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Marechiara Diavalo

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Marechiara Diavalo
2011-04-11 Main Dish
5 88

Shrimp, clams and scallops with mushrooms and tomatoes in a creamy pasta sauce--top with Pecorino Romano and basil for the perfect finishing touch.

  • Servings: 6


1½ lbs Dried Linguine or Rigatoni Pasta
1 gallon Water
2 tsp Sea Salt
3 Tbsp Unsalted Butter
2 Tbsp Minced Garlic or Peel Cloves & Dice To 2 Tbsp
1 tsp Oregano
2 tsp Dried Basil
1 tsp Thyme
½ tsp Ground Cayenne
½ tsp Ground White Pepper
2 cups Fresh Sliced Mushrooms
1 can (12 Oz) Diced Tomatoes With Chiles
1 can (14 Oz) Diced Italian Tomatoes With Basil
Tomato Paste, to taste
3 cups Heavy Whipping Cream
1 lb Wild Gulf Shrimp Tails; 24 Count or Larger, peeled and deveined
¼ lb Clam Meat
¼ lb Scallops
2 Tbsp Pecorino Romano Cheese Plus Additional, for garnish
Salt & Pepper, to taste
Fresh Basil Leaves, for garnish


Combine all spices. Heat oven to 150 degrees and place four pasta bowls inside.


In a large stock pot, add the salt to the water and bring to a boil. Add the pasta, a few strands at a time. Cook according to package direction until al dente, stirring to prevent sticking. Reserve one cup of water, drain and cover.


In a 6-8 quart Dutch oven, or heavy bottomed pan, saute the garlic, spices and mushrooms over medium high heat, stirring constantly, until garlic begins to soften and the mushrooms are slightly brown, about 2 minutes. Add all chopped tomatoes, cook four more minutes, or longer if needed, to cook off liquid. Stir until well incorporated, making sure that the mixture is not sticking to the pan. Add cream, and cook for two minutes on medium high heat, stirring. Add shrimp and cook another 2 minutes. Add scallops and clam meat, then cook another 2 minutes, or until shrimp turn bright pink. Add cheese to thicken. If the sauce becomes too thick, use the reserved pasta water to thin.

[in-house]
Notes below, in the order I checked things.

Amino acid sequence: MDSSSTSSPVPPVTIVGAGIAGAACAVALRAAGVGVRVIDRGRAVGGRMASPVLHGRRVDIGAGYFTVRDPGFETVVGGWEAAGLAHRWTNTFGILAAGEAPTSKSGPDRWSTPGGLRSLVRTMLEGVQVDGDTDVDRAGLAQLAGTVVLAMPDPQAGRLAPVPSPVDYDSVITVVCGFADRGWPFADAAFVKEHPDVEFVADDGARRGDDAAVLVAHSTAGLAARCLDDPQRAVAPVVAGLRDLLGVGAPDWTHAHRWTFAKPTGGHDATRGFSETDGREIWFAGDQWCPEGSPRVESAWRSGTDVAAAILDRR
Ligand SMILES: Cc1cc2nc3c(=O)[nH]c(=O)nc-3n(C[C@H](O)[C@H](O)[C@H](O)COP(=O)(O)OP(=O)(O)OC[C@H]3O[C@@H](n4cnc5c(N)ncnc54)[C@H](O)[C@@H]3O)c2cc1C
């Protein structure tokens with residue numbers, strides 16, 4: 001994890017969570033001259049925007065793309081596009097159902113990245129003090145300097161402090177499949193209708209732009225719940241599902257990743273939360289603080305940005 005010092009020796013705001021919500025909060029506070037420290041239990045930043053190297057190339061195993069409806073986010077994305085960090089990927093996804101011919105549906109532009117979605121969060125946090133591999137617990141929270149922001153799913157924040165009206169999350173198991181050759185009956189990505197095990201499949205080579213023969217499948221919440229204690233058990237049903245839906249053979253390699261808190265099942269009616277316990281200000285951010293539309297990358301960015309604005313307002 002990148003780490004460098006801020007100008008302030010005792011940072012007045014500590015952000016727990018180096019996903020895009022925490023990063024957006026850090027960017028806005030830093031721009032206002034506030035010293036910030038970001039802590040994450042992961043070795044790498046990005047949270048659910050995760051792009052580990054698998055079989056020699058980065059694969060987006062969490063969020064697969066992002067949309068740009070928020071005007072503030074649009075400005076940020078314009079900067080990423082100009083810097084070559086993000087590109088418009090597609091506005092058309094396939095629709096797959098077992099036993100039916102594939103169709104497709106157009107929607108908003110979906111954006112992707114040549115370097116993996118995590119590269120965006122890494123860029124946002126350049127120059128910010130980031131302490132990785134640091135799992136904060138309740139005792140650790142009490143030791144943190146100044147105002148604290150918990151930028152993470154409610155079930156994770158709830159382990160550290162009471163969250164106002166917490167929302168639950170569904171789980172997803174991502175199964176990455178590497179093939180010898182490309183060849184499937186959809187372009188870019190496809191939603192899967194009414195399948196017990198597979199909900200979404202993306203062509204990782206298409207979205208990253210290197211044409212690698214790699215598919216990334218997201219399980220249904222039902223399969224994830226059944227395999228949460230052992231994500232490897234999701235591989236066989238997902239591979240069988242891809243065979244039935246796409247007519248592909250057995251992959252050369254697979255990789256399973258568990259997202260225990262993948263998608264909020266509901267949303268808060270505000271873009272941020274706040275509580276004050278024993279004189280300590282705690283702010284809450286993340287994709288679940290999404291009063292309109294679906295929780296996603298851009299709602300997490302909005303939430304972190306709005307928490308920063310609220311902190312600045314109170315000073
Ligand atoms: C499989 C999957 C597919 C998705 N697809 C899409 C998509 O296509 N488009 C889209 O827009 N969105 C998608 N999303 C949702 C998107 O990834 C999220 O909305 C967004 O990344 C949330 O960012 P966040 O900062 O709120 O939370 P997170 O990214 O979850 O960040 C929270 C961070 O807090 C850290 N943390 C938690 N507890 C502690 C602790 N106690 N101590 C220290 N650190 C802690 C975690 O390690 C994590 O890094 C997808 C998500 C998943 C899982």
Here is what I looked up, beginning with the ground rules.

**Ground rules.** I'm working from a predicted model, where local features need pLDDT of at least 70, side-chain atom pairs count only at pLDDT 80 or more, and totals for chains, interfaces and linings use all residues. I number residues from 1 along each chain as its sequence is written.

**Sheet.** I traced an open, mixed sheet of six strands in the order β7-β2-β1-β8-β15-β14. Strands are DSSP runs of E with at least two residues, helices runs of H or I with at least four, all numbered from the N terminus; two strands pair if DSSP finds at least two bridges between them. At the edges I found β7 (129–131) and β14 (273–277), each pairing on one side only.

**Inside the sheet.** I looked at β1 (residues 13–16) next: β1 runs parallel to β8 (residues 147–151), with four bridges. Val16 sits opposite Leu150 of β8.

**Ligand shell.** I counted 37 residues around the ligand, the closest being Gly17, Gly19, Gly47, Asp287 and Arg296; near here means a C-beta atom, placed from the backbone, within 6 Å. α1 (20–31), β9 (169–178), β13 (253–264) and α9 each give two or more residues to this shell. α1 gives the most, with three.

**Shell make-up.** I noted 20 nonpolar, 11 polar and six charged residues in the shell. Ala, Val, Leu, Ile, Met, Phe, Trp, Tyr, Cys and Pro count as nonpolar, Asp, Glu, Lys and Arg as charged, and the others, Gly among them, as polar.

Remove the pasta bowls from the oven. Use a large fork to spool an equal portion of pasta into each bowl. Ladle sauce around and over each mound of pasta, evenly dividing the seafood between portions. Garnish with basil leaves and sprinkle with additional cheese. Serve with hot Italian or garlic bread.

Helpful Tips:

This is a rich example of Italian peasant food. The aristocrats, and the wealthy, could afford to raise cattle and dine on expensive luxuries. The peasant class ate what they could raise in the garden, trap, hunt or fish. Of course, their food was often fresh from the days catch. Fresh fish, and just ripened vegetables, resulted in a cuisine that should have been the envy of the rich. You need to use wild gulf shrimp for this recipe, because the water content of farmed tiger shrimp is too high. Also, the farmed shrimp do not cook as well--they are a little flabby from laying around the farm pond being fed. Wild shrimp work for a living and have better muscle tone. You will want to use clam meat instead of whole clams to avoid grit. Finally, I suggest 10/20 count sea scallops, the U-10's are a little large to eat in one bite, and it is a more pleasing dish with an abundance of scallops, rather than just a few monsters.